Florida library forced to cancel 'Pride Prom' after death threat sparks fear for teens' safety
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A Jacksonville, Florida library worked to hold a prom for LGBTQ teens who feel uncomfortable about going to their high school prom as they are or with the person they truly want to bring. That's why they started the Pride Prom. But after fears for the safety for the teens, the library had to cancel.

According to WOKV, the prom was supposed to be this Friday, with a Storybook theme where attendees were encouraged to dress up as their favorite storybook character. There would be music, dancing, a selfie station and more. All of that is over now, however.

“A fun night for teens who may not feel comfortable in other situations or other places, they may not feel comfortable at another prom. We thought we would give them a nice little prom, where they could have a good time,” Jacksonville Public Library marketing assistant Chris Boivin said in an interview.

He explained that everything was on track but Friday they learned information about the event that wasn't created by them made its way to national activists, who in turn, posted it on social media. It devolved into a website fight from there, prompting concern for library staff about the safety of the youth.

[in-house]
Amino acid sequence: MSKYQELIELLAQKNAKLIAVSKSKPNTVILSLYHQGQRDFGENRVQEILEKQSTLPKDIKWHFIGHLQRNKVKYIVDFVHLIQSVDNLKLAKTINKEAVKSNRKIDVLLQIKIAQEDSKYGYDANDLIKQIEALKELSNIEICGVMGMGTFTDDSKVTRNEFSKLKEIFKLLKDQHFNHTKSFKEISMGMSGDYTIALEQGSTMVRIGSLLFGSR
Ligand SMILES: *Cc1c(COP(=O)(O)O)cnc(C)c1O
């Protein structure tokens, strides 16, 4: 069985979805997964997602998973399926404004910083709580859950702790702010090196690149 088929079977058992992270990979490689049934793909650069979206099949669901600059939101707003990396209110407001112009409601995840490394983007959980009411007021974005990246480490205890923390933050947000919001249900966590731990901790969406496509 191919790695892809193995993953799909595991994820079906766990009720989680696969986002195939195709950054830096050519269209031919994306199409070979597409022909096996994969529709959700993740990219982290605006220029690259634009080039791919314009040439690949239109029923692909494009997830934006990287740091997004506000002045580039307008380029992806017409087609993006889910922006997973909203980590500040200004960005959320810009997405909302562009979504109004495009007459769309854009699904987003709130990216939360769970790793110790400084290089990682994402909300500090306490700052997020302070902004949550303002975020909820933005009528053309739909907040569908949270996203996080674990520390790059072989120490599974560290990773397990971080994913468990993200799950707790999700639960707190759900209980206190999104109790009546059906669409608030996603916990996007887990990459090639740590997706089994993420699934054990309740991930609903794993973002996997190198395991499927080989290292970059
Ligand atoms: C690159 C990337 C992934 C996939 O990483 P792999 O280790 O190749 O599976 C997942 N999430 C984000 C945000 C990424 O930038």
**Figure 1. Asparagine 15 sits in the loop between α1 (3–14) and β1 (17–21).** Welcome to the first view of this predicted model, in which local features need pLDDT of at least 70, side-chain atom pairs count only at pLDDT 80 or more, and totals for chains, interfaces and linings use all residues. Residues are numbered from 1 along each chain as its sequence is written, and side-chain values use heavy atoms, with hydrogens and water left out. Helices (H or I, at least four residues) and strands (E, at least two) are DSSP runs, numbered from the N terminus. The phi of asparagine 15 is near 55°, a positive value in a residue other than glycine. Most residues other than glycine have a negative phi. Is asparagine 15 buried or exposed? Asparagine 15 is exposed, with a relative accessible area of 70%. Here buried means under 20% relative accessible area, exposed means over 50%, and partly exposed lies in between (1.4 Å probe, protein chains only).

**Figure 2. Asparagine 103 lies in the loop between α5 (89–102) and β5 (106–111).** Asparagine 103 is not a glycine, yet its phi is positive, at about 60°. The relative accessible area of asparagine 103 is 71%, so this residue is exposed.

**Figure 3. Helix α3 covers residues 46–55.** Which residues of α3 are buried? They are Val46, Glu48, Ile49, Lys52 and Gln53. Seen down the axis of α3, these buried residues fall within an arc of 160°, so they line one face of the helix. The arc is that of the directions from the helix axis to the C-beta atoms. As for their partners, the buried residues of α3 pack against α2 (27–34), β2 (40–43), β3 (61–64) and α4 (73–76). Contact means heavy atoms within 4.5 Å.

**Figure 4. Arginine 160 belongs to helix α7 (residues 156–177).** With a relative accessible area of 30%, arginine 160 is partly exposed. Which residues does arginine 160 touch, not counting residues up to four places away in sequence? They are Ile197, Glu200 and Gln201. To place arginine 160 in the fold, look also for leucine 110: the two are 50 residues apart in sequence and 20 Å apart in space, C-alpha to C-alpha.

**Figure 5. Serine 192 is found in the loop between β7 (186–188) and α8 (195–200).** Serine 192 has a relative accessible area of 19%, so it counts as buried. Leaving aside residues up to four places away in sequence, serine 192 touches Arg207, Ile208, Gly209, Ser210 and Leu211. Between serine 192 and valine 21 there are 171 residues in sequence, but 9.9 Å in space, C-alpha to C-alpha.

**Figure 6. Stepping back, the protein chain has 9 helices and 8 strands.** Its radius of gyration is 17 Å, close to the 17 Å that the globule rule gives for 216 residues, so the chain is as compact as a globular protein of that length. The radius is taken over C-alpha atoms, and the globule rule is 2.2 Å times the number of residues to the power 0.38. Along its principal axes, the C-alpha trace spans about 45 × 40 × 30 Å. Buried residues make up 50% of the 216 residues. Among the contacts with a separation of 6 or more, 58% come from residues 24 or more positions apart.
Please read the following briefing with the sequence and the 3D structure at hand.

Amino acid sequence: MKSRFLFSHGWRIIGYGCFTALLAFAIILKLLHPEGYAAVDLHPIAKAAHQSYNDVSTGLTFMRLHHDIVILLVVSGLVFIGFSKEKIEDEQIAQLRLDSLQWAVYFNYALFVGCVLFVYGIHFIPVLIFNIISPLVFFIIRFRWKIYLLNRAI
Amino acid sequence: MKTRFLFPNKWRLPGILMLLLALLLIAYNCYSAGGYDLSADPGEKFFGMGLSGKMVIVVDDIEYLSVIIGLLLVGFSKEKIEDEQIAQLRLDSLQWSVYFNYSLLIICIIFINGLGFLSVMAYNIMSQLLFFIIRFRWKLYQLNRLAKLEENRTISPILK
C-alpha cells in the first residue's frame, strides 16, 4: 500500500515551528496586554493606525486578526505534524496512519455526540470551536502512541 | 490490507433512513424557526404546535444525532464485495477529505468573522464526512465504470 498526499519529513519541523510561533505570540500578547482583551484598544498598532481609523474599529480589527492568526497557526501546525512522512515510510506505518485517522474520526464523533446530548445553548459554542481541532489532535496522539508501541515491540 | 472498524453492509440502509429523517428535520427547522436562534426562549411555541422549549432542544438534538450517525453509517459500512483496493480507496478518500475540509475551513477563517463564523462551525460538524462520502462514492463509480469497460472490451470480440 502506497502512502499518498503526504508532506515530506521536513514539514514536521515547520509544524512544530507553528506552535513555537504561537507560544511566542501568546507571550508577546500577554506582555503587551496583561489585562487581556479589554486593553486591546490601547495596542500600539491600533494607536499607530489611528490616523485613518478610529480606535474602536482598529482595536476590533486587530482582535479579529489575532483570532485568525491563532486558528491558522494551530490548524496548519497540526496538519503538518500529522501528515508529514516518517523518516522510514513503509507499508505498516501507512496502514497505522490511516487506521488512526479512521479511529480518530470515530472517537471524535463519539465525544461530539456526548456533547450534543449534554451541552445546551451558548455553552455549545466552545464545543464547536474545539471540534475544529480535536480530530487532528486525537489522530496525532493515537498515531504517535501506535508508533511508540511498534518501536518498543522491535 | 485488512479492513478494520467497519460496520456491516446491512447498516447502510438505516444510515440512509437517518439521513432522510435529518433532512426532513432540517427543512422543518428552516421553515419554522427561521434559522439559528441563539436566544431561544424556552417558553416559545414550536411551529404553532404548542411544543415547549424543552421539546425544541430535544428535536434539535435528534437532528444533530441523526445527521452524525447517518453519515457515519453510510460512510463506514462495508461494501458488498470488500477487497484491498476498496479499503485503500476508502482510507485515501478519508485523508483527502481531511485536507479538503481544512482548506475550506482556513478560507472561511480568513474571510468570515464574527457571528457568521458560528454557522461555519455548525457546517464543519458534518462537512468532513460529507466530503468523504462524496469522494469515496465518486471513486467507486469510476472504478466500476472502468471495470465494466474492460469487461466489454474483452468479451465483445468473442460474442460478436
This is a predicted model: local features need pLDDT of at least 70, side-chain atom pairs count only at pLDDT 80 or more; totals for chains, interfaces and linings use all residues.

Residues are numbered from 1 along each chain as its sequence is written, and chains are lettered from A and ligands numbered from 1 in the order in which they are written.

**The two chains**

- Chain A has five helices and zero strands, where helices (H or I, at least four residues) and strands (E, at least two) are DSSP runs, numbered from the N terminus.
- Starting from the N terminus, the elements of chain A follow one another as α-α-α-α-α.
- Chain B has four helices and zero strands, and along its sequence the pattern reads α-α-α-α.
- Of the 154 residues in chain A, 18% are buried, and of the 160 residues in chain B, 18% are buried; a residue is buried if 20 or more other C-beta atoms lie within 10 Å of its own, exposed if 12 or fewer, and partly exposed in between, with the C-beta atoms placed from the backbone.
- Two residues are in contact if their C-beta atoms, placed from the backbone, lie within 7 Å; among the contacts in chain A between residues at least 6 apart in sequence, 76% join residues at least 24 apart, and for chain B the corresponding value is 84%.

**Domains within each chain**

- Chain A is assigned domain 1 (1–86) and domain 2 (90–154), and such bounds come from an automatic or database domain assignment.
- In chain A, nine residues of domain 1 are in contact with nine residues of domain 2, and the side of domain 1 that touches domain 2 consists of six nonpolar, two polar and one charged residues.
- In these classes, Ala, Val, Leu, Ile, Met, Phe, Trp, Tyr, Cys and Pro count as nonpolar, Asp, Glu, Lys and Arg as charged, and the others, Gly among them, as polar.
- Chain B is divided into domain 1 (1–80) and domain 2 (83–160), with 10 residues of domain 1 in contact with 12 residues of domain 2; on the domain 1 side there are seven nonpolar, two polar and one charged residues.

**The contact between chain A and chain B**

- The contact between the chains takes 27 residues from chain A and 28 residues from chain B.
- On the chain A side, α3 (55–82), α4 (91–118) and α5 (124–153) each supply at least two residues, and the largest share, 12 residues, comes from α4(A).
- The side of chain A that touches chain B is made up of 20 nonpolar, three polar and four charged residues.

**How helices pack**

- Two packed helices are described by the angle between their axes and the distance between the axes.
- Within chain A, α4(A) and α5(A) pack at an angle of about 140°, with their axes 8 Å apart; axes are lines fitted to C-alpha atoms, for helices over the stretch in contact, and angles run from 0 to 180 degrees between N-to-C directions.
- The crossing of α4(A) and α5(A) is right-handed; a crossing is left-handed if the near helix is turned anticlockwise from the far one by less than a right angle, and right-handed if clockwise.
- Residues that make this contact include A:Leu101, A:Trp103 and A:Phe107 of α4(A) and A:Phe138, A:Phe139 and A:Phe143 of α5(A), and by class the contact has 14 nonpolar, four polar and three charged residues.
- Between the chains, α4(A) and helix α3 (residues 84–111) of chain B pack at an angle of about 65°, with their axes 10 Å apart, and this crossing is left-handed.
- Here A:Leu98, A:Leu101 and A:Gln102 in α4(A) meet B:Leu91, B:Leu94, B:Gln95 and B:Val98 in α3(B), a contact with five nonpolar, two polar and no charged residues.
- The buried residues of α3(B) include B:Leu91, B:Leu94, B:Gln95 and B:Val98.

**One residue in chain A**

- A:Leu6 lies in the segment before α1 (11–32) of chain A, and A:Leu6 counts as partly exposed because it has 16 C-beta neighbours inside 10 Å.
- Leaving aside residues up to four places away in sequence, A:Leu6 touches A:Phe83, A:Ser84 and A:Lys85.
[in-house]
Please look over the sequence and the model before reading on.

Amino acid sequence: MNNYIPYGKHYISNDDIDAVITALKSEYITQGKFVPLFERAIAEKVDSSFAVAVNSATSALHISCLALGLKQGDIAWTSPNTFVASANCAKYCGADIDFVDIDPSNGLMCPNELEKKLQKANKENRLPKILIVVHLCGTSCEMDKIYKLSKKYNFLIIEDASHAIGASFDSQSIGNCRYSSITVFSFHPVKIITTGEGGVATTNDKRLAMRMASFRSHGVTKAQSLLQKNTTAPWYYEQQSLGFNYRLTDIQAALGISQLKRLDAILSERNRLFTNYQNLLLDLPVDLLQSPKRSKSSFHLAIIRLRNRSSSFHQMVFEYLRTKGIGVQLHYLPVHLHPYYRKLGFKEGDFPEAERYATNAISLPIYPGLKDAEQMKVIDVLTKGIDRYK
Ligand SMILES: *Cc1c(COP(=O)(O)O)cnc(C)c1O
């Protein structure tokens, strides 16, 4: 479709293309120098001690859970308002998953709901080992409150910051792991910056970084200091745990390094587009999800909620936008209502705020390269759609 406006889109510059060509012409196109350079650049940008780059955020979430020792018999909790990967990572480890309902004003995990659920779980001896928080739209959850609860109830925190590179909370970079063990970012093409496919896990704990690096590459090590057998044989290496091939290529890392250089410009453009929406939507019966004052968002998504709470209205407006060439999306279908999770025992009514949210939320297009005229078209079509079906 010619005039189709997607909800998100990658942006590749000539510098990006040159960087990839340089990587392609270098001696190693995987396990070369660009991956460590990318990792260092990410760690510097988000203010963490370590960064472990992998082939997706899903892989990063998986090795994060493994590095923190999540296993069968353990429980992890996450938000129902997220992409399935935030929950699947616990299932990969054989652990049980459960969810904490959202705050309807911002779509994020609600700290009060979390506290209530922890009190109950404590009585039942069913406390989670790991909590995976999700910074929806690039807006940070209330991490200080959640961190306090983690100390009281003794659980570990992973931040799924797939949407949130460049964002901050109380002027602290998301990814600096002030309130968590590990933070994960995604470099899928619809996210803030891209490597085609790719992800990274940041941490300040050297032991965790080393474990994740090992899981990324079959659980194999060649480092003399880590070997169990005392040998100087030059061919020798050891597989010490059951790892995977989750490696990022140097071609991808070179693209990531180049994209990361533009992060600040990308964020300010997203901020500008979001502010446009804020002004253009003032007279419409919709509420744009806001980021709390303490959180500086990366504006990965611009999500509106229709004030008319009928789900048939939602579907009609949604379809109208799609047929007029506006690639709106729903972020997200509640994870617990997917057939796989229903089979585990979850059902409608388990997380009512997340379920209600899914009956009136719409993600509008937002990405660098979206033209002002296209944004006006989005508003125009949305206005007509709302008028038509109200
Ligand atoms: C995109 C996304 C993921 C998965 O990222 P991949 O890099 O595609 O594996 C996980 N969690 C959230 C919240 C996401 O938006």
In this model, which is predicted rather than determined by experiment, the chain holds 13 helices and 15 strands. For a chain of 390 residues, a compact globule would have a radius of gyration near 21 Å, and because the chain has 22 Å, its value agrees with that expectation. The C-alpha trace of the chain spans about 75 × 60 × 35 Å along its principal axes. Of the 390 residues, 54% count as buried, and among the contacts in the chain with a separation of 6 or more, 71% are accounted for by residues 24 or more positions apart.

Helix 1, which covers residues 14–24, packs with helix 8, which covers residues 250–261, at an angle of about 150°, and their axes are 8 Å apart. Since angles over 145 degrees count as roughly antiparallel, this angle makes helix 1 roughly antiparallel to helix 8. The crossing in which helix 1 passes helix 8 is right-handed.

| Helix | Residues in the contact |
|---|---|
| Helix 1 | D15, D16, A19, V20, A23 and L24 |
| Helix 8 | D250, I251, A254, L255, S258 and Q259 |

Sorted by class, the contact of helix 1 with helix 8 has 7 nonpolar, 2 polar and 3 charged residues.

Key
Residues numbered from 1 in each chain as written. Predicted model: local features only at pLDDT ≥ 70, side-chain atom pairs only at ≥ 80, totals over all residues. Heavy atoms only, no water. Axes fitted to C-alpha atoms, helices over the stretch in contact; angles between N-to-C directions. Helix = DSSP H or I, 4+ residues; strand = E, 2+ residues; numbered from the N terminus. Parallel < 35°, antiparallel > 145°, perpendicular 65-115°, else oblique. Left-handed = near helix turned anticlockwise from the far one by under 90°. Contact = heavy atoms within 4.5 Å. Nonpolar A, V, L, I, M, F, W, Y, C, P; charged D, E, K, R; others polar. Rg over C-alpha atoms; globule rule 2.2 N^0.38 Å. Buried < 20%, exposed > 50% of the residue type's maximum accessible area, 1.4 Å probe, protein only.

“Strong rumors of protests being held, and at the same time, strong rumors of I guess you can call them anti-protests being held. It really started to shape up as something where the entire environment around the library would be something that we thought we just weren’t gonna be able to control the risk,” Boivin explained.

At least one participant received a death threat that the Jacksonville Shariff's Office is looking into.

“While the planning team did a remarkable job putting together a program that would have provided a great experience for our teen customers, the co-opting of the event by others who wish to use it for their own purposes has created a situation in which the library is not confident that it will be 100 percent prepared to provide a safe, secure environment for customers, staff, volunteers, contractors, protestors and active supporters, and most of all for the teens themselves,” a JPL post on Facebook said.

Boivin said that he hopes LGBT teens still know that the library is a safe and helpful place for them.

Read the full report.